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How to reduce your agency spend


Effective management of agency staff is key to providing flexibility in care delivery.

However, too often they are not used in a managed and strategic way, which can result in escalating costs.

Agency expenditure in the NHS has increased in recent years and we have to reduce it by over £300m by 2014.

To understand what organisations could do, we spoke to a variety of trusts who had cut agency costs considerably. While their actions differed, there were some common themes.

First, each trust took action to understand the problem they faced.

Often they improved workforce and management information, which was provided to team leaders and managers on a regular basis. Implementing e-rostering was a common action.

Whatever the action, each trust identified the cause of the problem by finding out exactly what they were spending and the reasons for it.

These trusts took control of their use of agency staff, sometimes implementing central agency booking teams, or introducing processes for authorising agency bookings.

Five high-impact actions to reduce expenditure on agency staff

● Increase your and your manager’s understanding of the issue

● Manage the process and take control

● Manage your workforce by creating a sustainable supply of staff with appropriate skills

● Work collaboratively with other wards to share resources more effectively

● Engage with staff about the importance of what you are doing

Those that achieved a continued reduction in agency spend sustained and maintained this control though good management practices.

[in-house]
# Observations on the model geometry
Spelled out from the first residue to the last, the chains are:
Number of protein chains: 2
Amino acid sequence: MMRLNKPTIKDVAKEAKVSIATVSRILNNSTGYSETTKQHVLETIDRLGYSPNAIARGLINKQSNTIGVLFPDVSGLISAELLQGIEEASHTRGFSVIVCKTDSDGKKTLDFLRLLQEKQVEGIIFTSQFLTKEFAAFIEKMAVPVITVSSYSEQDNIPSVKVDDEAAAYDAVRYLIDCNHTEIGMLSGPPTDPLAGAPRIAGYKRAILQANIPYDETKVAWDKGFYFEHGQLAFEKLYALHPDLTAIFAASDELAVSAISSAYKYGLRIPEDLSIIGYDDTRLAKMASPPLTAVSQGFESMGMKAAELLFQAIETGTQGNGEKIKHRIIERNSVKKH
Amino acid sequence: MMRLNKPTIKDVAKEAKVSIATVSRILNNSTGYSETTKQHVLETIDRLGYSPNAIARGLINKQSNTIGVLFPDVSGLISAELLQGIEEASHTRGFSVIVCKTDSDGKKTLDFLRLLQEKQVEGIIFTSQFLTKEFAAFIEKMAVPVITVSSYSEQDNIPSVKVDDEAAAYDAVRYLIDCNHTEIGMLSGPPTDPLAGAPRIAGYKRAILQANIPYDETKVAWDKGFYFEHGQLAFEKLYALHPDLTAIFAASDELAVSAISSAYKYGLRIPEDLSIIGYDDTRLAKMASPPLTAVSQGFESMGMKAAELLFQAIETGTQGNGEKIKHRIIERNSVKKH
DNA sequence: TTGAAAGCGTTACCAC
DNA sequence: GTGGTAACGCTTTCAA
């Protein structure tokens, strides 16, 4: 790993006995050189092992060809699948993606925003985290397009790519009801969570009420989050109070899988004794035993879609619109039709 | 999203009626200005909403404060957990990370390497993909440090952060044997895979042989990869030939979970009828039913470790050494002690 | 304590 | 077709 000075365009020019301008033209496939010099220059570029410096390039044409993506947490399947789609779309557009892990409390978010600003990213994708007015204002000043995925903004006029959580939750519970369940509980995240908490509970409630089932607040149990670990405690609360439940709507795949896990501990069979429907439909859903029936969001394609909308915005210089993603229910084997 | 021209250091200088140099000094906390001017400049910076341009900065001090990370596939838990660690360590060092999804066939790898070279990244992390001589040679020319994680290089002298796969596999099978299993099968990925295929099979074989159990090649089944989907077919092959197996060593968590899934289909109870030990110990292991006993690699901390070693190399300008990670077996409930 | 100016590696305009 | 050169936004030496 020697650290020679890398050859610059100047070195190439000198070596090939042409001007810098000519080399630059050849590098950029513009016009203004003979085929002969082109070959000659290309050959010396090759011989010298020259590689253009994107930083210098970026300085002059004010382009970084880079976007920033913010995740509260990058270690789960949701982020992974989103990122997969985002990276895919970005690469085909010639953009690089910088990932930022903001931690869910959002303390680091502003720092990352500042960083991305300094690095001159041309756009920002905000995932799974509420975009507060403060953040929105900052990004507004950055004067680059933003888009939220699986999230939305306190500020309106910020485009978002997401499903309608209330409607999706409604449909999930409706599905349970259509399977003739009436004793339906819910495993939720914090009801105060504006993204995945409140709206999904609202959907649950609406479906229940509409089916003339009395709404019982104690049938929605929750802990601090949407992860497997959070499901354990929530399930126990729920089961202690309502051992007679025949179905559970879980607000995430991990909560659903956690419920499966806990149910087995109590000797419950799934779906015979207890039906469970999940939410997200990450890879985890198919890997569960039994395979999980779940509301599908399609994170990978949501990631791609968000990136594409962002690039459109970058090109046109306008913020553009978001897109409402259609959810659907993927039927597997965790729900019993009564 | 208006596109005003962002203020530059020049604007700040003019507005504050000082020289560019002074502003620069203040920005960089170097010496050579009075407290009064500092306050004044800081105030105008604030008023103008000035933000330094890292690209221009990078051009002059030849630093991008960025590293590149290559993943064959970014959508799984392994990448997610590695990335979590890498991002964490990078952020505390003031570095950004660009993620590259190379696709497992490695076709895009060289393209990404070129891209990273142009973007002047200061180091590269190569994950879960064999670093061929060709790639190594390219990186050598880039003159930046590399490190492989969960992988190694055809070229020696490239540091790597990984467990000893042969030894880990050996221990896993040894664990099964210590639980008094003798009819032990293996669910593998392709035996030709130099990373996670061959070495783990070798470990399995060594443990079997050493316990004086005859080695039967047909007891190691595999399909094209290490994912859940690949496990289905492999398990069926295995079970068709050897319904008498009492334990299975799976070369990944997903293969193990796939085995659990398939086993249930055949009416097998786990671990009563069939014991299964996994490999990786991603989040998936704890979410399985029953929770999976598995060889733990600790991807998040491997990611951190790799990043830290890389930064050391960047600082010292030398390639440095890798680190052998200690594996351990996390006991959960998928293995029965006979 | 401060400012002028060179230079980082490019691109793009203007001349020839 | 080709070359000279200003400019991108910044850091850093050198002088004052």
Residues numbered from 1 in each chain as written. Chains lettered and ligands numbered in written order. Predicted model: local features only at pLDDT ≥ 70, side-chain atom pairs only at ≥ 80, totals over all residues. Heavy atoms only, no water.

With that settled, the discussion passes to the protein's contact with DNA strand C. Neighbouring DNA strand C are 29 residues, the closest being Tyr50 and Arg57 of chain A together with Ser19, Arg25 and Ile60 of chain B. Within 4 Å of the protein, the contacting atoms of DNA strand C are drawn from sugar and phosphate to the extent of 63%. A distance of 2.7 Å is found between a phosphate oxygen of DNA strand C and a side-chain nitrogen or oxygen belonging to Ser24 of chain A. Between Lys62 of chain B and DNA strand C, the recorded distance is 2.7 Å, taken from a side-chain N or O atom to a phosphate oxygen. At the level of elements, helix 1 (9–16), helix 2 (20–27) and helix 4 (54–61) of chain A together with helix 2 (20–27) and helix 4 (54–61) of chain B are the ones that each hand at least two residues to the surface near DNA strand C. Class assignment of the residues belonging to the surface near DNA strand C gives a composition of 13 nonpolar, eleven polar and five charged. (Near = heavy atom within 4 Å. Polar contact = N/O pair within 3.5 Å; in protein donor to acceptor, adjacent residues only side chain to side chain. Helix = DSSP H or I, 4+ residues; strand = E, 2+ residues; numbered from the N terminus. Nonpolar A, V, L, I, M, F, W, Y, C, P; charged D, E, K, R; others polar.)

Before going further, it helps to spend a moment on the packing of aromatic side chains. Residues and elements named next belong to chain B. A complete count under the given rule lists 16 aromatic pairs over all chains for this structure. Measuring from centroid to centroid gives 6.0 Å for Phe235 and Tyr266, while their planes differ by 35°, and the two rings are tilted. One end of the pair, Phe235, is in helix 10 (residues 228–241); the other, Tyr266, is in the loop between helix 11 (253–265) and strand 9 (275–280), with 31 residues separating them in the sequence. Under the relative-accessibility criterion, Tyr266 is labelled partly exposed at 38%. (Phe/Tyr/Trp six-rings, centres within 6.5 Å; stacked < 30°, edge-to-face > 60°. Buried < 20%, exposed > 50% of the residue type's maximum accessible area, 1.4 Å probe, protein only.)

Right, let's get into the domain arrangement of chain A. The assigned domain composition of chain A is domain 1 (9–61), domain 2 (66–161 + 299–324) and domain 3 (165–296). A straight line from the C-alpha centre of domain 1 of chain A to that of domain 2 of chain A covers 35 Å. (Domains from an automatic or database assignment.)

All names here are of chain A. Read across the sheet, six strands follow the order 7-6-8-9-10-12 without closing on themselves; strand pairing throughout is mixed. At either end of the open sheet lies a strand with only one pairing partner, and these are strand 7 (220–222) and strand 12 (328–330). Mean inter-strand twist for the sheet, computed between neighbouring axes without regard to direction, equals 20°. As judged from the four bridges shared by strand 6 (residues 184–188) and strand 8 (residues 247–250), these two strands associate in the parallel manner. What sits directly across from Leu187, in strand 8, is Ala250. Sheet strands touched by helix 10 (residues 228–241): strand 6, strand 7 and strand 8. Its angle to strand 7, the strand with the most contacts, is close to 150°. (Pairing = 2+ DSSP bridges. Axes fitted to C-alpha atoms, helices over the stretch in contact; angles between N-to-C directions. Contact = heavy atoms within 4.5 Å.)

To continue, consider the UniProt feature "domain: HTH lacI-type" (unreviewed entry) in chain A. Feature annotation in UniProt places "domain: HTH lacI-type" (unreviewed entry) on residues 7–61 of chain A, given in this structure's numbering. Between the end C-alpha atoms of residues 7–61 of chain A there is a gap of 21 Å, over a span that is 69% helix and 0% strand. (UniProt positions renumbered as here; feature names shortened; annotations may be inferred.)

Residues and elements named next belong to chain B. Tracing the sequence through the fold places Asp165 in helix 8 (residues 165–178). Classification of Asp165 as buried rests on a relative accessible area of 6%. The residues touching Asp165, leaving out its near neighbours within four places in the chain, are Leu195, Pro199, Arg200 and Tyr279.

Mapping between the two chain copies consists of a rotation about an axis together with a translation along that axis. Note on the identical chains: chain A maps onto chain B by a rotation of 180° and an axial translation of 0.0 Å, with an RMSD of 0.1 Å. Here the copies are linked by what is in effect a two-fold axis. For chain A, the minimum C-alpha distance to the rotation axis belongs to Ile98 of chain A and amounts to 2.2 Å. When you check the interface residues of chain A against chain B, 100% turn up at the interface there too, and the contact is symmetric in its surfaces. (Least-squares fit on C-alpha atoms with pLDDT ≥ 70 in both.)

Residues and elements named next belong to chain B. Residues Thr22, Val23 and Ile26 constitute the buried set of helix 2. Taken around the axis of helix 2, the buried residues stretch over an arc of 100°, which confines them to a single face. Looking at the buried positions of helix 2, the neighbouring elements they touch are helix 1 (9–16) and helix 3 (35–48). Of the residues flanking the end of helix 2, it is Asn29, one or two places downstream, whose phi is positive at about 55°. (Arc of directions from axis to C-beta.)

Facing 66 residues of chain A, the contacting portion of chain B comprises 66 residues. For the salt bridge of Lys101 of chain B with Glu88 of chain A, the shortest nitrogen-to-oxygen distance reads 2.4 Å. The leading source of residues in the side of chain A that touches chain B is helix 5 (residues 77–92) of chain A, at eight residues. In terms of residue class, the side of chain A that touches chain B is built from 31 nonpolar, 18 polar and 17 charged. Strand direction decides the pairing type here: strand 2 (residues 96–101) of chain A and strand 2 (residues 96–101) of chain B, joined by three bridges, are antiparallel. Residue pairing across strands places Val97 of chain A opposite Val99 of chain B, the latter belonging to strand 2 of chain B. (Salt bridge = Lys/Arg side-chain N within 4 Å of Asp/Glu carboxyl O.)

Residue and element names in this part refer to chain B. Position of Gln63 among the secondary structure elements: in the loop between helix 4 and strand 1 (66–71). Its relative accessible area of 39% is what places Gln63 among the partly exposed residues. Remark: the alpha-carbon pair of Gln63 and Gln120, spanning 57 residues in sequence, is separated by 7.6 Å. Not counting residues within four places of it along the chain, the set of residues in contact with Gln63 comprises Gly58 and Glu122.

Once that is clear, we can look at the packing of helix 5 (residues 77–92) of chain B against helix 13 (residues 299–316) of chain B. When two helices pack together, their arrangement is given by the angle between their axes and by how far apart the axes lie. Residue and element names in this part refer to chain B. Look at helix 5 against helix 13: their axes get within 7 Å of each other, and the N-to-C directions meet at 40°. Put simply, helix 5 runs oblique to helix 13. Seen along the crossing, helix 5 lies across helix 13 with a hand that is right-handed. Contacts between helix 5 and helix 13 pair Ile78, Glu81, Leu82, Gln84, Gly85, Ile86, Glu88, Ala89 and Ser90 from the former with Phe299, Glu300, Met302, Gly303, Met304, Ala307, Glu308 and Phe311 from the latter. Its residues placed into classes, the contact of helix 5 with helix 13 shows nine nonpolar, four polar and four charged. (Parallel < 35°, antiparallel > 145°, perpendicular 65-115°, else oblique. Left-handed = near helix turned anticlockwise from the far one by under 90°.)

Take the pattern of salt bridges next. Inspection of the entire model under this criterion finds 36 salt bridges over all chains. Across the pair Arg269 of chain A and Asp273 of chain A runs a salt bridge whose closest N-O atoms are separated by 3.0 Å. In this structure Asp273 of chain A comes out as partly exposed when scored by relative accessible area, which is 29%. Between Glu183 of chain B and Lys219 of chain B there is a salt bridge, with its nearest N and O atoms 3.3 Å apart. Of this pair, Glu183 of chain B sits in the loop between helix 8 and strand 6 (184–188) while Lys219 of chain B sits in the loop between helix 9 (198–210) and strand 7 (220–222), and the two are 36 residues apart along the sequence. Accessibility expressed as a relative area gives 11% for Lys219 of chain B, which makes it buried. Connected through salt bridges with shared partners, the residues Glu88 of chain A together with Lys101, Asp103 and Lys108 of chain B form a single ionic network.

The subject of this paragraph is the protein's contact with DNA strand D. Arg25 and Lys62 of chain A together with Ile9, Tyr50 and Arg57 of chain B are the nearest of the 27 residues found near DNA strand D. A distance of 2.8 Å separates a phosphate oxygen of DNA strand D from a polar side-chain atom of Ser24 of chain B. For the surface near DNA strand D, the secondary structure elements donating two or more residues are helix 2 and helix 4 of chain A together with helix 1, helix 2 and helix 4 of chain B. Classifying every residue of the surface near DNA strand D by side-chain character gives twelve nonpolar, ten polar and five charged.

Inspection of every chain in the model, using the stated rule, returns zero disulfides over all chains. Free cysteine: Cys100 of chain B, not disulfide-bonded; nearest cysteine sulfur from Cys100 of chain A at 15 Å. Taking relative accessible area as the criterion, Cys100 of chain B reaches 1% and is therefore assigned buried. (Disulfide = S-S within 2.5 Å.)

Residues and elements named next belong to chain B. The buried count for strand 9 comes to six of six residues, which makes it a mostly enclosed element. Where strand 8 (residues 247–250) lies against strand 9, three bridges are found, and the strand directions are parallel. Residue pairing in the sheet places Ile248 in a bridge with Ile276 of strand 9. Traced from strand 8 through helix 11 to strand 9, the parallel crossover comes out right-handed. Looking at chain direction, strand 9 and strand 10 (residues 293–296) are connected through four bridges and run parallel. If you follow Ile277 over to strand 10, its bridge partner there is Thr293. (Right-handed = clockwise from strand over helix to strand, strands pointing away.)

An investigation of agency expenditure inevitably led to critical examination of the cost of the whole workforce.

Trusts often realised that considering how they used their substantive staff was the first step in addressing high spend. Often trusts re-examined work patterns or looked at how they authorised planned leave. In other words, successful trusts adopted a whole-workforce approach to agency spend.

While significant savings can be made by all the actions above, even greater savings can be made by working collaboratively. This can be done across wards and units, or regionally, for example by sharing staff banks or agreeing prices for some agency staff.

Completing actions often required staff to think differently about how they worked and to implement change. As one manager told us: “E-rostering just gives you the information. It is up to the managers and staff to do something with it to make a difference.”

Where staff were engaged and where trusts saw their approach to reducing agency spend as a change process, greater savings were achieved.

We are now working with trusts to see if there are successful actions in each of the five areas above that consistently reduce agency spend. As a start, the five high impact actions in the box above will provide a framework.


Ruth Warden is deputy head of employment services at NHS Employers. She has responsibility for three key work streams: flexible workforce (agency working), modernising scientific careers and health, work and wellbeing.


Readers' comments (5)

  • Has anybody considered that if you employ enough staff full time and have enough permanet work force you improve patient care, staff moral and do not have to employ agency staff-surely this is not rocket science??? Solutions are all very well but why not spend all of that money on permanent staff-works for me

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  • Exactly Kirsty!


    My god, the stupidity at the top is unbelievable. Yet with titles like 'deputy head of employment services at NHS Employers. She has responsibility for three key work streams: flexible workforce (agency working), modernising scientific careers and health, work and wellbeing.' I bet they are getting a damn decent wage for doing sod all.

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  • In a nutshell colleagues!! In a nutshell...